FIG. 3 is a timing diagram for various operating states of the two switching elements 3a, 3b and valves 4a, 4b. A counter-pulse at previously mentioned time T2, tG, in which a changeover takes place after recognition of the moving element's pre-position, and after which normal control is again exercised for continued movement of the element to its stop or end-of-travel position, is illustrated by (a) of FIG. 3. A second operating mode, illustrated by (b) of FIG. 3, is a delay with the counter-pulse (T1+T2), (tv +tG), whereby T1 delays the pre-positioning sensor in a settable fashion. An exact mechanical adjustment of the pre-positioning sensor 8a, 8b can thus be dispensed with. A third operating mode is a counter-pulse with overtravel (T2+T3), (tG +tN) and is shown in (c) of FIG. 3. Both switching elements 3a, 3b are activated during a time T3, making possible a non-powered approach of the driving force element to a stop at low speed. In this way, fluctuations in operating load or pressure have less of an effect. A fourth operating mode calls for delay plus counter-pulse plus overtravel (T1+T2+T3), (tv +tG +tN); this mode is illustrated in (d) of FIG. 3. Here, too, exact adjustment of the pre-positioning sensor 8a, 8b is unnecessary; a non-powered approach of the driving force element to a stop occurs at low speed, making the drive less sensitive to fluctuations in the operating conditions as the result of pressures or the load.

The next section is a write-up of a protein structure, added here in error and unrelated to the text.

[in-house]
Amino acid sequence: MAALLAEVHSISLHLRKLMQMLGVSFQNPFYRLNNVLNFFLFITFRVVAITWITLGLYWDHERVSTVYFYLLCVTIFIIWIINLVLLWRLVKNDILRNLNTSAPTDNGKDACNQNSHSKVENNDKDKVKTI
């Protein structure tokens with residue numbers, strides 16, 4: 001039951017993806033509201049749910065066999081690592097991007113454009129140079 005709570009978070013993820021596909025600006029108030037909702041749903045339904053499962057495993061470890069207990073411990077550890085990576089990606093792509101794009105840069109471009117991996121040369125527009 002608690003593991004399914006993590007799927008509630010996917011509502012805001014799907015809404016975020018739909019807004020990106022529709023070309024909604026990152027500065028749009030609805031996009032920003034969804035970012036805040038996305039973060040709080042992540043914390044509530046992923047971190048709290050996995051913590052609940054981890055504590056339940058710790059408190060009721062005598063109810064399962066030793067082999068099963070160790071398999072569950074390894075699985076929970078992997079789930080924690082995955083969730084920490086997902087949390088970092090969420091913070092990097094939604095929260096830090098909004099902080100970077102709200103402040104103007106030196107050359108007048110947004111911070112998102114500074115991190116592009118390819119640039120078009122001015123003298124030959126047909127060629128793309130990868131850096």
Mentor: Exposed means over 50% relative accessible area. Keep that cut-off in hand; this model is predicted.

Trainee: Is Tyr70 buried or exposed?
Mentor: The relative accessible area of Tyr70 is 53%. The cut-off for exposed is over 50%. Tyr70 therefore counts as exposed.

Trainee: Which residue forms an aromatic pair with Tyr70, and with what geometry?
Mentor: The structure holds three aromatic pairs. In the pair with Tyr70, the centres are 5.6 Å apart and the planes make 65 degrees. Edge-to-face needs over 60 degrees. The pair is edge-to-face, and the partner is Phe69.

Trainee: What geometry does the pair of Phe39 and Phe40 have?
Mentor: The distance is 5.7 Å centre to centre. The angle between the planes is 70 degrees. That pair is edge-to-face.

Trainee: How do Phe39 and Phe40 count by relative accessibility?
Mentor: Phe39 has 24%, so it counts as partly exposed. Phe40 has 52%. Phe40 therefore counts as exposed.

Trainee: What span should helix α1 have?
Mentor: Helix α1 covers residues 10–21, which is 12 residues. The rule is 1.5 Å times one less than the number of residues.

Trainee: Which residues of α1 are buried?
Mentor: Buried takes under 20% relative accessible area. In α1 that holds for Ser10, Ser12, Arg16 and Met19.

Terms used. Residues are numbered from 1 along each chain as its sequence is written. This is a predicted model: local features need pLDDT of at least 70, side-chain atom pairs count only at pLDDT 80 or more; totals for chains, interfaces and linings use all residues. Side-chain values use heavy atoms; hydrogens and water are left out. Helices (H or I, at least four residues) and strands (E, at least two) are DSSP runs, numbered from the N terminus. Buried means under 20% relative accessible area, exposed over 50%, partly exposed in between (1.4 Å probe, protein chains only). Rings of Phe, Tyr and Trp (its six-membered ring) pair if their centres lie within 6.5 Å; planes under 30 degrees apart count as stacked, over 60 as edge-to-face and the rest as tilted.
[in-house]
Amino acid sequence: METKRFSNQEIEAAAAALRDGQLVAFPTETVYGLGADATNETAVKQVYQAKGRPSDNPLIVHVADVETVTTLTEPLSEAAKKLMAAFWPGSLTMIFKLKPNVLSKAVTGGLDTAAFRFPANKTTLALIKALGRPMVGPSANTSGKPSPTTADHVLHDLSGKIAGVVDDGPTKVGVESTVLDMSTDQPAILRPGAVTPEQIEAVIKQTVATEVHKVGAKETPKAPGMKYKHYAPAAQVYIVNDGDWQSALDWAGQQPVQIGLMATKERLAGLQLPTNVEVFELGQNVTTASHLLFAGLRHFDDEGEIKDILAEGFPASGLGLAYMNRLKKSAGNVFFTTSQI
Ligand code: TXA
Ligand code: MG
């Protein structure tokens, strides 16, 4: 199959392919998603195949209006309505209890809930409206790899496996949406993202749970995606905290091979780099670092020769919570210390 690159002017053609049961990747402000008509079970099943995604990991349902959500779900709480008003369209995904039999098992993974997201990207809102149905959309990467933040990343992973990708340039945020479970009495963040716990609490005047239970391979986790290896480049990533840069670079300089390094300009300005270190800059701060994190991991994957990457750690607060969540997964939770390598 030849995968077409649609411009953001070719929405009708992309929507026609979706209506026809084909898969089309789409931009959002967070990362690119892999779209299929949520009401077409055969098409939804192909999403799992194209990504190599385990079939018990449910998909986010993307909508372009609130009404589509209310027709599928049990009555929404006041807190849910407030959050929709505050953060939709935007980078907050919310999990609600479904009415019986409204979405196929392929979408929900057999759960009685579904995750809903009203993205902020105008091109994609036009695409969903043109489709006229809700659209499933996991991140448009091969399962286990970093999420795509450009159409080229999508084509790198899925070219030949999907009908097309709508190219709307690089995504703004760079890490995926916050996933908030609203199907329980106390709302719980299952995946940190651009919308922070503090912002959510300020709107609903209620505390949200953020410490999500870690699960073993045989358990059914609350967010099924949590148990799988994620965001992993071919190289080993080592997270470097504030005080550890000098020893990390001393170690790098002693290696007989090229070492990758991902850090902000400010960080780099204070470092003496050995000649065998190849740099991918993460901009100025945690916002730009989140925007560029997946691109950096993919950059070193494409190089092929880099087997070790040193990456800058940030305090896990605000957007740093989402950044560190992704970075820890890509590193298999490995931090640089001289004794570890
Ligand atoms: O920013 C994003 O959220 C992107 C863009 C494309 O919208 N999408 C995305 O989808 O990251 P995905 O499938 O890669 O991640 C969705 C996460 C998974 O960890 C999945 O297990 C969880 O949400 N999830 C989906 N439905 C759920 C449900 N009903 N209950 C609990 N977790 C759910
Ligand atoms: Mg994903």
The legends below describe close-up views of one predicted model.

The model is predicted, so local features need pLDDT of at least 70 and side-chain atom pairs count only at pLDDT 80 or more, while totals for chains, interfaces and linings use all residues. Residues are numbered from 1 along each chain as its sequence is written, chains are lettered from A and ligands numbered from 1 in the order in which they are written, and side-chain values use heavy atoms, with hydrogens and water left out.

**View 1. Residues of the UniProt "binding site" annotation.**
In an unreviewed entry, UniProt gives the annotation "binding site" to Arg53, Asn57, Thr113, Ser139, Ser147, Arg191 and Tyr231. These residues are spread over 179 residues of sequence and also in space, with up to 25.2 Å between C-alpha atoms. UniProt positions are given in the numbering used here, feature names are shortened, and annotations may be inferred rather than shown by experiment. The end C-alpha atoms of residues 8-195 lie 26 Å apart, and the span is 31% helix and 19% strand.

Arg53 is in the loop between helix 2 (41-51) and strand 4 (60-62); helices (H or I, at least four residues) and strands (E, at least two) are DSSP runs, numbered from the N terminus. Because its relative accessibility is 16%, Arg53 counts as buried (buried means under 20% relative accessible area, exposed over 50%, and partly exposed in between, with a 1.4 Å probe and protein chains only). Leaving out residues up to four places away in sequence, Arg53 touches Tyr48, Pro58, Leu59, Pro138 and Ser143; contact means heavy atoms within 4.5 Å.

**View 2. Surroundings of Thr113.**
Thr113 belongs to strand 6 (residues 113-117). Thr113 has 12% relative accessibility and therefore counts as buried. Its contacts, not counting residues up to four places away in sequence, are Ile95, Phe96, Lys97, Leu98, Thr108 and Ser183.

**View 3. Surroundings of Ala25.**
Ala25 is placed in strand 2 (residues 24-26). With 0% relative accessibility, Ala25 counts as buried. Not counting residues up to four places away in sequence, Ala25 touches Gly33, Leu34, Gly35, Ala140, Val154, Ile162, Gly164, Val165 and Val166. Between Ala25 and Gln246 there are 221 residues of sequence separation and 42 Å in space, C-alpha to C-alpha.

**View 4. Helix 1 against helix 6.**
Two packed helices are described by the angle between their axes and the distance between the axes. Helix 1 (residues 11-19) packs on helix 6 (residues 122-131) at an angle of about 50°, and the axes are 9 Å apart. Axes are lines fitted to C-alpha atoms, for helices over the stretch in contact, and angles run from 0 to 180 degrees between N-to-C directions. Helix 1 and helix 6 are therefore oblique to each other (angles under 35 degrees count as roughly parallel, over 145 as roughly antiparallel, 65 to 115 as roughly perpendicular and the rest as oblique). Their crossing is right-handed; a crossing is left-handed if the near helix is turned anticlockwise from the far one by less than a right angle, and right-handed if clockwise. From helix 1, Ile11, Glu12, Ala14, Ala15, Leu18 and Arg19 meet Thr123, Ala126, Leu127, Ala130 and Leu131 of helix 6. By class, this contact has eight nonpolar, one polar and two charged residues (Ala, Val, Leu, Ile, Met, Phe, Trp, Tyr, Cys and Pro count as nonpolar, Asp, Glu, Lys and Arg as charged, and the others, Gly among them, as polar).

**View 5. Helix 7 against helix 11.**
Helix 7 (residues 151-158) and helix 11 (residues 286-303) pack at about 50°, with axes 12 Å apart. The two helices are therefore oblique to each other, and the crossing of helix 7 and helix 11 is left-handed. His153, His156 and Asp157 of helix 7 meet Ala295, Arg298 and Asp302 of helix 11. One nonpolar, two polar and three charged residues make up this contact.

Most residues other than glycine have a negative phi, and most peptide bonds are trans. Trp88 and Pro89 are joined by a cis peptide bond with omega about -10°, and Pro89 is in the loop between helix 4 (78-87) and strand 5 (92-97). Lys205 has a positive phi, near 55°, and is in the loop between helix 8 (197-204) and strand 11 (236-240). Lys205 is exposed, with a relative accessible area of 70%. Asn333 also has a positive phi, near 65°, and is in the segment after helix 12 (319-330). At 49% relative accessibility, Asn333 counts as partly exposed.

Furthermore, the drive includes a logic circuit which recognizes the "first" start of the drive and adjusts the times based upon the starting conditions, which may and often do differ from those in continuous or steady-state operation.